We were at the ROAR Before the 24 at the speedway a week ago where we kitted out a car for the Rolex 24. We monitored drivers in two teams: Spirit of Daytona AKA Racing and also Mantella Autosport. Spirit of Daytona compete in the TUDOR United SportsCar Championship with drivers Richard Westbrook (UK), Michael Valiante (Canada) and Mike Rockenfeller (Germany). Mantella Autosport compete in the Continental Tire SportsCar Challenge with drivers Martin Barkey (Canada) and Kyle Marcelli (Canada). We recorded a lot of useful driver data over the three days. It was great to be in the pit lane and see how their vital signs reacted corner by corner to the changing loads. These guys, being true athletes, also showed impressive recovery times. The system will now be used for the upcoming Rolex 24 at Daytona. As the name implies, this is a full 24-hour race under the blue skies then floodlights of the Daytona Speedway.

The TUDOR series features a range of incredible cars: Aston Martin Vantage, BMW Z4, Chevrolet Corvette, Dodge Viper, DeltaWing, Ferrari 458 and Porsche 911. Spirit of Daytona run a V8 Chevrolet Corvette Daytona Prototype, which as the photos here show is a beautiful machine. It is well worth clicking on some of the videos as the noise is more than half of its appeal.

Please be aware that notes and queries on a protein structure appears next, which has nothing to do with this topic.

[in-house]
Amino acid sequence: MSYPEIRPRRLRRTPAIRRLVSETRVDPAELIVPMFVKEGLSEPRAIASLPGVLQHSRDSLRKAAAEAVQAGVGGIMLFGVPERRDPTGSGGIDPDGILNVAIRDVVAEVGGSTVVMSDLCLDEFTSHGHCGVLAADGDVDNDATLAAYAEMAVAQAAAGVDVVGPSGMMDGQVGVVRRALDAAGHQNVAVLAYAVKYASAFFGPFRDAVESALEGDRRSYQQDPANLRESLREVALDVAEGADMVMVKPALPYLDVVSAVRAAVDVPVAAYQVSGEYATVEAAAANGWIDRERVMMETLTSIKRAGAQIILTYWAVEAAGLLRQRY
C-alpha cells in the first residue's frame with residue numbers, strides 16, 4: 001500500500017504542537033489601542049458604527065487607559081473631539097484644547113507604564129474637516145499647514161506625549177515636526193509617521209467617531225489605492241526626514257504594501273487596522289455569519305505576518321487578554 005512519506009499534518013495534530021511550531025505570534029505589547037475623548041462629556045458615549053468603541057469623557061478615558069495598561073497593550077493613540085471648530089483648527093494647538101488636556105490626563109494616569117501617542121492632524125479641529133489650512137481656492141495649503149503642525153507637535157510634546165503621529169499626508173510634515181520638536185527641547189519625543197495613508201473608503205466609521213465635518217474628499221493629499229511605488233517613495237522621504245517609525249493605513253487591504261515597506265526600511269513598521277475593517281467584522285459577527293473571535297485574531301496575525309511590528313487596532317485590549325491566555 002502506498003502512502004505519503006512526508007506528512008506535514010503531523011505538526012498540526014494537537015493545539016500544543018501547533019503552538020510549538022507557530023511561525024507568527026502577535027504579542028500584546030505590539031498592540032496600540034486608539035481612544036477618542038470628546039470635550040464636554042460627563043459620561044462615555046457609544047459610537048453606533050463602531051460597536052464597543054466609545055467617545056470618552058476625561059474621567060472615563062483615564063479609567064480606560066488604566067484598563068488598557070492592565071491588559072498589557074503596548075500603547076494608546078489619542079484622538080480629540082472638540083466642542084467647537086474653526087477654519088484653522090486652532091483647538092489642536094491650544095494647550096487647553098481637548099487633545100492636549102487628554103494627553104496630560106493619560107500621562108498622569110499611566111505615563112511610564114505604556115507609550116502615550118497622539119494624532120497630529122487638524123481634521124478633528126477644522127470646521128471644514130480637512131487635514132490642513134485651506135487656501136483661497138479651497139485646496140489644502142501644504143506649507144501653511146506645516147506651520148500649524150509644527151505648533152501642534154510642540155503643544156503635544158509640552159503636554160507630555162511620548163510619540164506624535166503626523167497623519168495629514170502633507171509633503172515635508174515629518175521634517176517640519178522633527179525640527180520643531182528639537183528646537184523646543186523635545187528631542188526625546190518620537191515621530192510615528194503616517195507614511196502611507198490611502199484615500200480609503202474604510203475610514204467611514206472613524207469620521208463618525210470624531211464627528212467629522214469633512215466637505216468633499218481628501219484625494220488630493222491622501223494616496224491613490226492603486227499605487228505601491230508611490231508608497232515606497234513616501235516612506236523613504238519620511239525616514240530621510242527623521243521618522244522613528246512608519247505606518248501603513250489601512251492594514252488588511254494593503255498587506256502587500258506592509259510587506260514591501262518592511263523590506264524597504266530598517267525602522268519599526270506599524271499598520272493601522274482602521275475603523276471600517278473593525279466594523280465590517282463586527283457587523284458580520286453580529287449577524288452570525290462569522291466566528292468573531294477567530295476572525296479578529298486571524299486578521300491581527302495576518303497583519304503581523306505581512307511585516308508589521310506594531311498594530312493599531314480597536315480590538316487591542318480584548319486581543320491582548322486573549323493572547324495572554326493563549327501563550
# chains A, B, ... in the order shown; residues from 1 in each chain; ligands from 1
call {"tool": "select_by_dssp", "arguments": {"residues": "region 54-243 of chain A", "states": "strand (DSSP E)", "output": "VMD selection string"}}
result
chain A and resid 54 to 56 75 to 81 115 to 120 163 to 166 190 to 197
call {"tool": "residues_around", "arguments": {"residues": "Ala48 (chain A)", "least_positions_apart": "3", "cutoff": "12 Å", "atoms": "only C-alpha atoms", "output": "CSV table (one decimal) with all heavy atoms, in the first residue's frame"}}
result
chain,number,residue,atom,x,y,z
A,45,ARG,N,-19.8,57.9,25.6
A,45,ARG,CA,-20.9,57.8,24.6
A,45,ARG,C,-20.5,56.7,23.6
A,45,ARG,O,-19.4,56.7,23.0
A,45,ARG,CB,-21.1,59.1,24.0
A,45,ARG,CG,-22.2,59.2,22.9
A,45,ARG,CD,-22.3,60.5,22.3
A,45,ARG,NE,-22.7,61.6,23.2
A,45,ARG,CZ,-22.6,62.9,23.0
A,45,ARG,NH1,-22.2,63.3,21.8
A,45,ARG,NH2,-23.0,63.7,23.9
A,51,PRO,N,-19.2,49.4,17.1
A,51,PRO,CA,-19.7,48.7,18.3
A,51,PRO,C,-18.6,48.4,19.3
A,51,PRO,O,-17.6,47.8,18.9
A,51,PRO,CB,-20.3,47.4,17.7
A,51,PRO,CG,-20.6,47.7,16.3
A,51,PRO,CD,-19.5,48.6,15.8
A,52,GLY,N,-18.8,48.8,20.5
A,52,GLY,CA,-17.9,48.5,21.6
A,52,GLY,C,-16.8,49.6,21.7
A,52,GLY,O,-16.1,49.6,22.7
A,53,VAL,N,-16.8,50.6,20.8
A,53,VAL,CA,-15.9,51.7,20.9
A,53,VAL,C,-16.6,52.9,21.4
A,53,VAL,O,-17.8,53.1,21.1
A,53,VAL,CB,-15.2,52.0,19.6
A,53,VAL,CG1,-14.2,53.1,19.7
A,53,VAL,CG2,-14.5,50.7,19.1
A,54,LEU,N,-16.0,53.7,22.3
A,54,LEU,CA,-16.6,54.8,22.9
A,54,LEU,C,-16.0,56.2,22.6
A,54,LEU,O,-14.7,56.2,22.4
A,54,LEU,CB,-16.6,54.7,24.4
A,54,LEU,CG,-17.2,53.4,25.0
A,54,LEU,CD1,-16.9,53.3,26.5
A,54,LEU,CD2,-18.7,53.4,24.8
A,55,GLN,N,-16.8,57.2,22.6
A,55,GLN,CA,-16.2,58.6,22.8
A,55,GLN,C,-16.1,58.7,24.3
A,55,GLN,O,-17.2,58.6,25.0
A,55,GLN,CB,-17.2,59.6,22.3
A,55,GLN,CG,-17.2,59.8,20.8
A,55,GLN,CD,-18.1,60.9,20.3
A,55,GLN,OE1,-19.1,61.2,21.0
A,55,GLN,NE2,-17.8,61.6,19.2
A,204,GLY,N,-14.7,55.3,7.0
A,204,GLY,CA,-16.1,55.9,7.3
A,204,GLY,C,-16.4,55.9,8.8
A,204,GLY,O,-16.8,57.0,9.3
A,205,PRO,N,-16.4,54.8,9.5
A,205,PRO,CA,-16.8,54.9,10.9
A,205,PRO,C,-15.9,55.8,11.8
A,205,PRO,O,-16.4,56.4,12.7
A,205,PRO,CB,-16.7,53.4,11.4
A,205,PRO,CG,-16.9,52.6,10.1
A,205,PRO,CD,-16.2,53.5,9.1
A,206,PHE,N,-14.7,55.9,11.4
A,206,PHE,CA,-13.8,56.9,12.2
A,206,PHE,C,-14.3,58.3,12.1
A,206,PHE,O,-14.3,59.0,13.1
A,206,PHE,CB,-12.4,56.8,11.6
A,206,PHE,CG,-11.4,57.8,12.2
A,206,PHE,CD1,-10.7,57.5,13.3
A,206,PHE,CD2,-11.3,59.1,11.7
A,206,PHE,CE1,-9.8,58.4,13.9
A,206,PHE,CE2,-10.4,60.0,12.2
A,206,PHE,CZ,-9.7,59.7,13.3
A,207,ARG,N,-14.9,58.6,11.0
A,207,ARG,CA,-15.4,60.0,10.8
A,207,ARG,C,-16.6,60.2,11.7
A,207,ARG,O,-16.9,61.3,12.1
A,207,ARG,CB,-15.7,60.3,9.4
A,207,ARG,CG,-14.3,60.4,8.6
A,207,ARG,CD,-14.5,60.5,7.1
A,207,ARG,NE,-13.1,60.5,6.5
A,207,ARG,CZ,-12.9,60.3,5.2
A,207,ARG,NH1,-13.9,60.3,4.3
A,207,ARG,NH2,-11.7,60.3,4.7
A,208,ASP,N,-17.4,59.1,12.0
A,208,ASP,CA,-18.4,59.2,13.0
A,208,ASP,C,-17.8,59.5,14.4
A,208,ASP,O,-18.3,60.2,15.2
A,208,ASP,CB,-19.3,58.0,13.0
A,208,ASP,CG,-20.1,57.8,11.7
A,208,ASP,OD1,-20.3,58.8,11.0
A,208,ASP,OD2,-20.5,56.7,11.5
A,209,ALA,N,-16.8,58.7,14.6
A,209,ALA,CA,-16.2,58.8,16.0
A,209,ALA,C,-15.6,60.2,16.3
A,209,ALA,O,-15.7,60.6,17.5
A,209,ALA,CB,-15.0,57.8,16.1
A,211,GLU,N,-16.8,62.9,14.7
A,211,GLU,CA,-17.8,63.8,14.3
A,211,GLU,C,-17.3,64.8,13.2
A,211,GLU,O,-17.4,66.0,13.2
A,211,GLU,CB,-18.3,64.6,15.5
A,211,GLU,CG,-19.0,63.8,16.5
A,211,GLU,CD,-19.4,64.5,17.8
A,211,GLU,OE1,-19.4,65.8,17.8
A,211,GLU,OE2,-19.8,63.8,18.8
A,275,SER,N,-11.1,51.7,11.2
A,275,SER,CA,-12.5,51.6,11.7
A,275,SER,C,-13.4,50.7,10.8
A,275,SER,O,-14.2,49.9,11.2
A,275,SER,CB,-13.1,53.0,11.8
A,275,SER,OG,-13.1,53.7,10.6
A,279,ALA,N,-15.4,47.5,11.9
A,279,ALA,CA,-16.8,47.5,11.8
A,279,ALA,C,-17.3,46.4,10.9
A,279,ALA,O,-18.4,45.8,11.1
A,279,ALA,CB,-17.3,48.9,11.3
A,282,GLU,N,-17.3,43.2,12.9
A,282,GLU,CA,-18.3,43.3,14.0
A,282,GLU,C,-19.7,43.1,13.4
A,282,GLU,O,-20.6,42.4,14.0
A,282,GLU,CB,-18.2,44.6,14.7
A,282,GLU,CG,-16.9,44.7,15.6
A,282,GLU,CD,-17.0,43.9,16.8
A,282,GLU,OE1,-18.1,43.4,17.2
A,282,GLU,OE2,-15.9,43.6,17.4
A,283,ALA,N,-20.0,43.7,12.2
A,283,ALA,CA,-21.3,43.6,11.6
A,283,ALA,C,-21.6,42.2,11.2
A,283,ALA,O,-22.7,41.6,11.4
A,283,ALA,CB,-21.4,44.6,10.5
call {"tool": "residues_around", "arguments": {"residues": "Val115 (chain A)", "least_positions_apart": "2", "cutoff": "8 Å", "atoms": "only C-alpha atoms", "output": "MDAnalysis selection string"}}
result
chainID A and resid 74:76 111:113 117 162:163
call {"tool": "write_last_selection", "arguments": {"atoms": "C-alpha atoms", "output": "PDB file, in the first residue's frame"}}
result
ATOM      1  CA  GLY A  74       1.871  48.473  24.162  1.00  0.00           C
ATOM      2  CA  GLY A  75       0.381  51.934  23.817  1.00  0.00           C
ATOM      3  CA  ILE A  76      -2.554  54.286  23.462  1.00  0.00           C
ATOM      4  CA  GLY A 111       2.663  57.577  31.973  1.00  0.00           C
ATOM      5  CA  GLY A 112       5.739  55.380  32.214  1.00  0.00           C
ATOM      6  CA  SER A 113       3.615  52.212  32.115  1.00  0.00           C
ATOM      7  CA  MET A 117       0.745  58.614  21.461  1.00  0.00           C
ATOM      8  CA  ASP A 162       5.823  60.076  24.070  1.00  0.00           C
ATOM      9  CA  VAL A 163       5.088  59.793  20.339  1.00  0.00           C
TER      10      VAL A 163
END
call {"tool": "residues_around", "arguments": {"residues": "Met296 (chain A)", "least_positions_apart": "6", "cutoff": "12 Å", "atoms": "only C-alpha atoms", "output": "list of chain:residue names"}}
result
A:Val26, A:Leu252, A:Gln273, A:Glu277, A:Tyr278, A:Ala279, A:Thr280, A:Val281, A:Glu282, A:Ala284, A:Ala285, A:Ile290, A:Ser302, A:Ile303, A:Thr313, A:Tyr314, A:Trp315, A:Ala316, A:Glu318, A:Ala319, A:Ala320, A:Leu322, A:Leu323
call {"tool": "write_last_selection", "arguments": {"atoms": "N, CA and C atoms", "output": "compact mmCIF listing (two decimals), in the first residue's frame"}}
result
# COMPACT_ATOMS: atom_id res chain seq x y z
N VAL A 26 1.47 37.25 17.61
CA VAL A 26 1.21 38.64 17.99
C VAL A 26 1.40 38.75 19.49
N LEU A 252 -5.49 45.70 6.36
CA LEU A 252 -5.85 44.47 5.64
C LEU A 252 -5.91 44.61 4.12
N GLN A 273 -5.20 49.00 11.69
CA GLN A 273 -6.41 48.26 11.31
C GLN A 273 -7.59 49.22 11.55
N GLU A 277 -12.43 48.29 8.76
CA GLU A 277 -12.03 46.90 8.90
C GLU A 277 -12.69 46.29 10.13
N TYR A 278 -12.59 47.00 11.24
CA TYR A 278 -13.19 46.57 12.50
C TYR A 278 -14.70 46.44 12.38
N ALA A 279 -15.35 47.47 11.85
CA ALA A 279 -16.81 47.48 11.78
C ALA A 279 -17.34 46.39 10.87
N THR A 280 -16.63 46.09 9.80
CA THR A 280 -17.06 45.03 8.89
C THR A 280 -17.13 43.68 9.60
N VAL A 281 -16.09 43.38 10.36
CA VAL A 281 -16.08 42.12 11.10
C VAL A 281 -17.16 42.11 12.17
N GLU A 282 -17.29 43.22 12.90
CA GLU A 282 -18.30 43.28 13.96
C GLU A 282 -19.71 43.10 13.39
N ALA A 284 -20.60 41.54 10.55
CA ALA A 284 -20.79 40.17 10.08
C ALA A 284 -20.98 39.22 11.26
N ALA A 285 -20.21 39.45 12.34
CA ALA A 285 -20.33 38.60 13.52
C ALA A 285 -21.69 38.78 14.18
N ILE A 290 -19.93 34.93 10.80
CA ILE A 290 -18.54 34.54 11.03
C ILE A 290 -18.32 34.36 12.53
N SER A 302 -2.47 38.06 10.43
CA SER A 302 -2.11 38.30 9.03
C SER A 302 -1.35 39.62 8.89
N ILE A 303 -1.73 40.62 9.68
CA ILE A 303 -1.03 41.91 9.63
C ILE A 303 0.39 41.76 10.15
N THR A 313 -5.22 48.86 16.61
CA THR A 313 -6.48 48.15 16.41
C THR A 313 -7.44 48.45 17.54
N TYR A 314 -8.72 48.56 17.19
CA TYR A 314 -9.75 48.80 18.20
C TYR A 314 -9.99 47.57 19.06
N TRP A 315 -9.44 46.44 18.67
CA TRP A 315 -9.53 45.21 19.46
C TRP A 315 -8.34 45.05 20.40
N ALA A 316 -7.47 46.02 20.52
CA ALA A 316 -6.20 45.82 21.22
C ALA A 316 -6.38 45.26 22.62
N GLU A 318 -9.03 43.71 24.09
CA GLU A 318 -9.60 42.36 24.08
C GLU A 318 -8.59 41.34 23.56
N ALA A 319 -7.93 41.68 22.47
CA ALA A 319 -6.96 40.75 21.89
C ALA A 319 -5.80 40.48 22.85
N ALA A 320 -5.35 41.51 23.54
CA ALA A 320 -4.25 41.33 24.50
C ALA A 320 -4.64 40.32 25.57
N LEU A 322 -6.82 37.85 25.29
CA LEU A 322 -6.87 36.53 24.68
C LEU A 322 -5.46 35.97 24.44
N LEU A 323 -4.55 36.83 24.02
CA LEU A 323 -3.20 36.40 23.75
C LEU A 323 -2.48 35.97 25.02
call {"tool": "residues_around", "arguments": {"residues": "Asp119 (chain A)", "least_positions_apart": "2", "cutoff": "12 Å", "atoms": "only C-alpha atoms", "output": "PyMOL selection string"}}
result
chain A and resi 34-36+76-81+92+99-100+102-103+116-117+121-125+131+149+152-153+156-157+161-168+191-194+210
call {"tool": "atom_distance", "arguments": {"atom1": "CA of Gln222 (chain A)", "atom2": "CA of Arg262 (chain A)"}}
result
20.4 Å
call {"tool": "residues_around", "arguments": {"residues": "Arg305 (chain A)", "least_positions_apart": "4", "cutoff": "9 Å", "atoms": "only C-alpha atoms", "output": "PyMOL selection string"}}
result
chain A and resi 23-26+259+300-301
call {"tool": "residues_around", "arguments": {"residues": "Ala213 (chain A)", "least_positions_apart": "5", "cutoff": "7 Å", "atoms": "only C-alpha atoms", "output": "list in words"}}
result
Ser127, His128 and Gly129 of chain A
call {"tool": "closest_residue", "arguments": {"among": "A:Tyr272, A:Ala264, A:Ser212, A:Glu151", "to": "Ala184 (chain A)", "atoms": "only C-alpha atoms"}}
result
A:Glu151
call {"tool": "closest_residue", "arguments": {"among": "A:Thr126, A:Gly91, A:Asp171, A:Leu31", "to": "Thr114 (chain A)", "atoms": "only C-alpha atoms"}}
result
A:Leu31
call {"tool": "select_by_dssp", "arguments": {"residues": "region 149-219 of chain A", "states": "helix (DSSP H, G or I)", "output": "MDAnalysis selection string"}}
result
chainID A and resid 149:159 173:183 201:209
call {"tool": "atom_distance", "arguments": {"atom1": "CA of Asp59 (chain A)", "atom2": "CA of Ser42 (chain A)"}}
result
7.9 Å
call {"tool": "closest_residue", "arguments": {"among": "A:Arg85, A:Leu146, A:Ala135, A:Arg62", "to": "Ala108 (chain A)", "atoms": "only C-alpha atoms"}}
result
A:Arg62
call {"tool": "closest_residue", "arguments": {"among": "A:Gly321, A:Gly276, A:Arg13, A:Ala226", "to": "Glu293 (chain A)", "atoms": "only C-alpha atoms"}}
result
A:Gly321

The Continental Tire SportsCar Challenge series features cars including the Chevrolet Camaro Z/28.R (as driven by Martin and Kyle) as well as the Ford Mustang Boss 302R, Porsche 911, Nissan 370Z, Subaru WRX STI (which we have a soft spot for after our time on the Isle of Man) and more Aston Martin Vantages.

The technical integration was straightforward; we kitted out the Spirit of Daytona car with yellowcog’s Pilot™ system, integrating it with the on-board MoTeC data logging and telemetry. The MoTeC software made it simple to bring up the driver vital signs at the pit wall. We then relayed the information to an additional laptop so that driver vital signs could be viewed by those not on the pit wall. Vital signs include heart rate, breathing rate, core temperature and g-forces.

Yellowcog is 4 today! It has been quite a year!

We’ve spent our time in many different countries, working with many fantastic people. We’ve seen our racing driver monitoring used in some of the most famous events in the world and appeared on TV – twice! Our logo is now a registered trademark, we’ve become a Microchip Authorised Design Partner, our prototyping facilities have been expanded and we’ve forged new partnerships with some impressive companies. Yellowcog is a research and development focused company so we haven’t stood still; we’ve been designing some great new technology too.

As we now go into our fifth year we’re becoming stronger and stronger – we’ve always relied on our profits to fund our activities and momentum is really picking up. Thanks to those who have worked with us, bought from us, advised us and supported us. See you all again soon!